Tips for "map" scouting

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Tips for "map" scouting

Postby AlleganBowhunter » Sun Oct 04, 2009 9:54 pm

Please share your tips for locating those hot spots on aerials, topos, etc.

I have been messing around with Google Earth tonight and its awesome (if you have highspeed, my experience in the past with dialup was not pretty).  I also download USGS topos in pdf form from the Michigan DNR website for free. 

I am novice at map scouting so I just look for spots that "look" good... whatever that means.  [;)]

What are others using for their long distance scouting?
Aim for the center of the target... the center of an aspirin is the same size as the center of a basketball. The difference is mental.

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RE: Tips for "map" scouting

Postby shaman » Mon Oct 05, 2009 1:22 am

Here are some landforms that are easily seen from topos and aerials that I have had good luck with in remote scouting:

Constrictions: In crossing a field, deer will pick the narrowest part
Penninsulas:  In entering a field, deer will gather in a penninsula of cover
Corners:  Deer seem to like tight little corners to enter fields
Fencelines:  Deer will travel 10-20 yards in, and parallel to, a fence line  that overlooks a field.  They will also travel  along a brushy fence line to get from one side of a pasture to another.

Contours:  If you are wondering how deer are traveling from point A to point B, you can usually follow a path that has the minimum slope. Deer are lazy, they'll angle up a hill instead of going straight up.

Erosion Gullies:  On the side of a ridge or hill, deer must cross small erosion gullies.  A) because these gullies frequently contain the best browse, because they have the best water available. B) because the woods are usually more open at the gully. The trick is to follow the gully along its course and find where the deer are crossing.  On a topo, there may be just a hint of this structure-- I'm not talking a blue line, running down the hill just a crimp in the contours that suggest a gully might be there.

Saddles:  If there is a drop in elevation along the top of a ridge, the deer are probably using it.  It's usually the easiest way to get from one side of the ridge to the other.

Shelves:  If the hillside has a spot that flattens out a bit, deer will exploit it.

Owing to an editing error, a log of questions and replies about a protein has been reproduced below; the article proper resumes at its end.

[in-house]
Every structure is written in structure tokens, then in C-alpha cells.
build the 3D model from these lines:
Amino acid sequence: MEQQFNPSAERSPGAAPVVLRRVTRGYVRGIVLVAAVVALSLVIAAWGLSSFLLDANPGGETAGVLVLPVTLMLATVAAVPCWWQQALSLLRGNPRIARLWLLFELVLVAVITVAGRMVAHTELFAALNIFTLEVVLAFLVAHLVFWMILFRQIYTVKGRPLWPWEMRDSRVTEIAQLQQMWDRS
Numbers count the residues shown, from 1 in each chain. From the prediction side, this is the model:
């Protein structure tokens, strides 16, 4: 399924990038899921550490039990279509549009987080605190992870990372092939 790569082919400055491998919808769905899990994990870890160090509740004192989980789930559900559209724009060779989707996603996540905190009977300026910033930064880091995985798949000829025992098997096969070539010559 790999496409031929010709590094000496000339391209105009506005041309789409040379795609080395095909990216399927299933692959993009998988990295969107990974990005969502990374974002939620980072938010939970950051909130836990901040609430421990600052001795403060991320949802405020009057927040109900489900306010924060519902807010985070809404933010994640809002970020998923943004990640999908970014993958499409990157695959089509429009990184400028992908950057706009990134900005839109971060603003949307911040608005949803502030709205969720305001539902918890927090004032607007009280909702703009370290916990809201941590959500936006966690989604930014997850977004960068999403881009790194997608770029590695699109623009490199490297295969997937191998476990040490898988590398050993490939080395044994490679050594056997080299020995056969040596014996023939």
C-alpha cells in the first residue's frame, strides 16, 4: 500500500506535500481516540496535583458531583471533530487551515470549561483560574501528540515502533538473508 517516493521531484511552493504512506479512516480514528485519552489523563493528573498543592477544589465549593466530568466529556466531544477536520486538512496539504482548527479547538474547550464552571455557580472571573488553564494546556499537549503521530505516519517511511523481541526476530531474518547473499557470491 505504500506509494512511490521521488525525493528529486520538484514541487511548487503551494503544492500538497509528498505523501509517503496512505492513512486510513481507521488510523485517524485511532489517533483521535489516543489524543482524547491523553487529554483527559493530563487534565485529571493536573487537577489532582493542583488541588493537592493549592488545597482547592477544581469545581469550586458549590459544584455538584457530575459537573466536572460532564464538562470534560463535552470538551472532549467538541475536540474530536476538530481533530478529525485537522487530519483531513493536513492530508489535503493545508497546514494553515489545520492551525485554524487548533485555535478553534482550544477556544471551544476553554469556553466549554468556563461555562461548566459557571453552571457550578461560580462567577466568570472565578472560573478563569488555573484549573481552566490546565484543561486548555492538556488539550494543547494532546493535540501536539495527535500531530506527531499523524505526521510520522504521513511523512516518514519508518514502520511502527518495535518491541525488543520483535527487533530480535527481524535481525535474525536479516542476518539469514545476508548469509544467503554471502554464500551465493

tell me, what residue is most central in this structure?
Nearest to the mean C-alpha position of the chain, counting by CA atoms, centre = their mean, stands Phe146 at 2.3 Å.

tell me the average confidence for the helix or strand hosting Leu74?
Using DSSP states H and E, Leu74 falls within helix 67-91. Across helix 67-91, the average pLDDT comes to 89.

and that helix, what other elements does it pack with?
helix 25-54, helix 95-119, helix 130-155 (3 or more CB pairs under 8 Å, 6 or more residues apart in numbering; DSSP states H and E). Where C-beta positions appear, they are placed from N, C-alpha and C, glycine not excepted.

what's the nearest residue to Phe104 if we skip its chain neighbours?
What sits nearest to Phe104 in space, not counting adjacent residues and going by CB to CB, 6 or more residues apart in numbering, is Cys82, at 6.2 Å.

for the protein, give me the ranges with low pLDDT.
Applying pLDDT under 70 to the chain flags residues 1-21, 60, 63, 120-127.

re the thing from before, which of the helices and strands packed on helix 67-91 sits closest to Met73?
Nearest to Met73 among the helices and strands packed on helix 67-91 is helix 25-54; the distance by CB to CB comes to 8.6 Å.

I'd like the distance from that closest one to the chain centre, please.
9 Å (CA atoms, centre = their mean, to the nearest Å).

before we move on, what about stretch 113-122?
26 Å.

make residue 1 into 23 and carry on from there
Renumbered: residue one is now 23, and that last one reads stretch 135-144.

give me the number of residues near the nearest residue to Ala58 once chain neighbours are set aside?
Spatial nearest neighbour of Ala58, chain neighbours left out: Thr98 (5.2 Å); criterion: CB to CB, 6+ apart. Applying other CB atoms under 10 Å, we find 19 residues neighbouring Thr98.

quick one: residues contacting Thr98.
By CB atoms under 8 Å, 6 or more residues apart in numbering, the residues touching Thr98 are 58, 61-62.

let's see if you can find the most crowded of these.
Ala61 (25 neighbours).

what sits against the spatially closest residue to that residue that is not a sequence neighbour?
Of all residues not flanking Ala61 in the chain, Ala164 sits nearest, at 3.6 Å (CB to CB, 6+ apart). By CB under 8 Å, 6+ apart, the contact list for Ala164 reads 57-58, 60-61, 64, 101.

Finger Ridges:  If you have a wooded finger ridge, the deer often cross at the base of the ridge.  If they've been lazy (see Contours) eventually they follow the hollow to the top and then cross over to the other side.

Back in 2001, we acquired our current property just before season started.  I had very little time to scout.  In fact archery season had already started.  I sat down with the Topo and Aerial and started marking it up.  I got deer the first season, but the red dots I placed on that map in 2001 are still pretty much the best places to find deer. 
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Cut N Run
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RE: Tips for "map" scouting

Postby Cut N Run » Mon Oct 05, 2009 1:47 am

I look for steep bluffs, because there is usually a creek at the bottom with a crossing on the down-current side.  It is even better if the bluff is positioned so you can take advantage of seasonal winds.  Most of the time deer are not going to walk up the face of the bluff. Often, they will cross from one side of that creek to the other at the easiest point to do so. Knowing that, if you can position your stand to watch that crossing or the lower side across the creek from the bluff, it can help notch your tags.  Two of my better bucks have come from two different bluffs.
I also use pond dams the same way.
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Ohio farms
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RE: Tips for "map" scouting

Postby Ohio farms » Mon Oct 05, 2009 2:17 am

Check out ( click on maps.  In places, it has better resolution than Google

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RE: Tips for "map" scouting

Postby DeerCamp » Mon Oct 05, 2009 2:53 am

If I were you I would buy the book "Mapping Trophy Bucks, Using Topographic Maps to Find Deer" By Brad Herndon. He goes into detail on how to find those hot spots. I own the book and Ive read it a few times, its very good and put together very well. It will give you all sorts of good tips.
"If I pull the hammer and shoot this young buck, he's dead. But if I pass on him, the next hunter might not shoot so straight."

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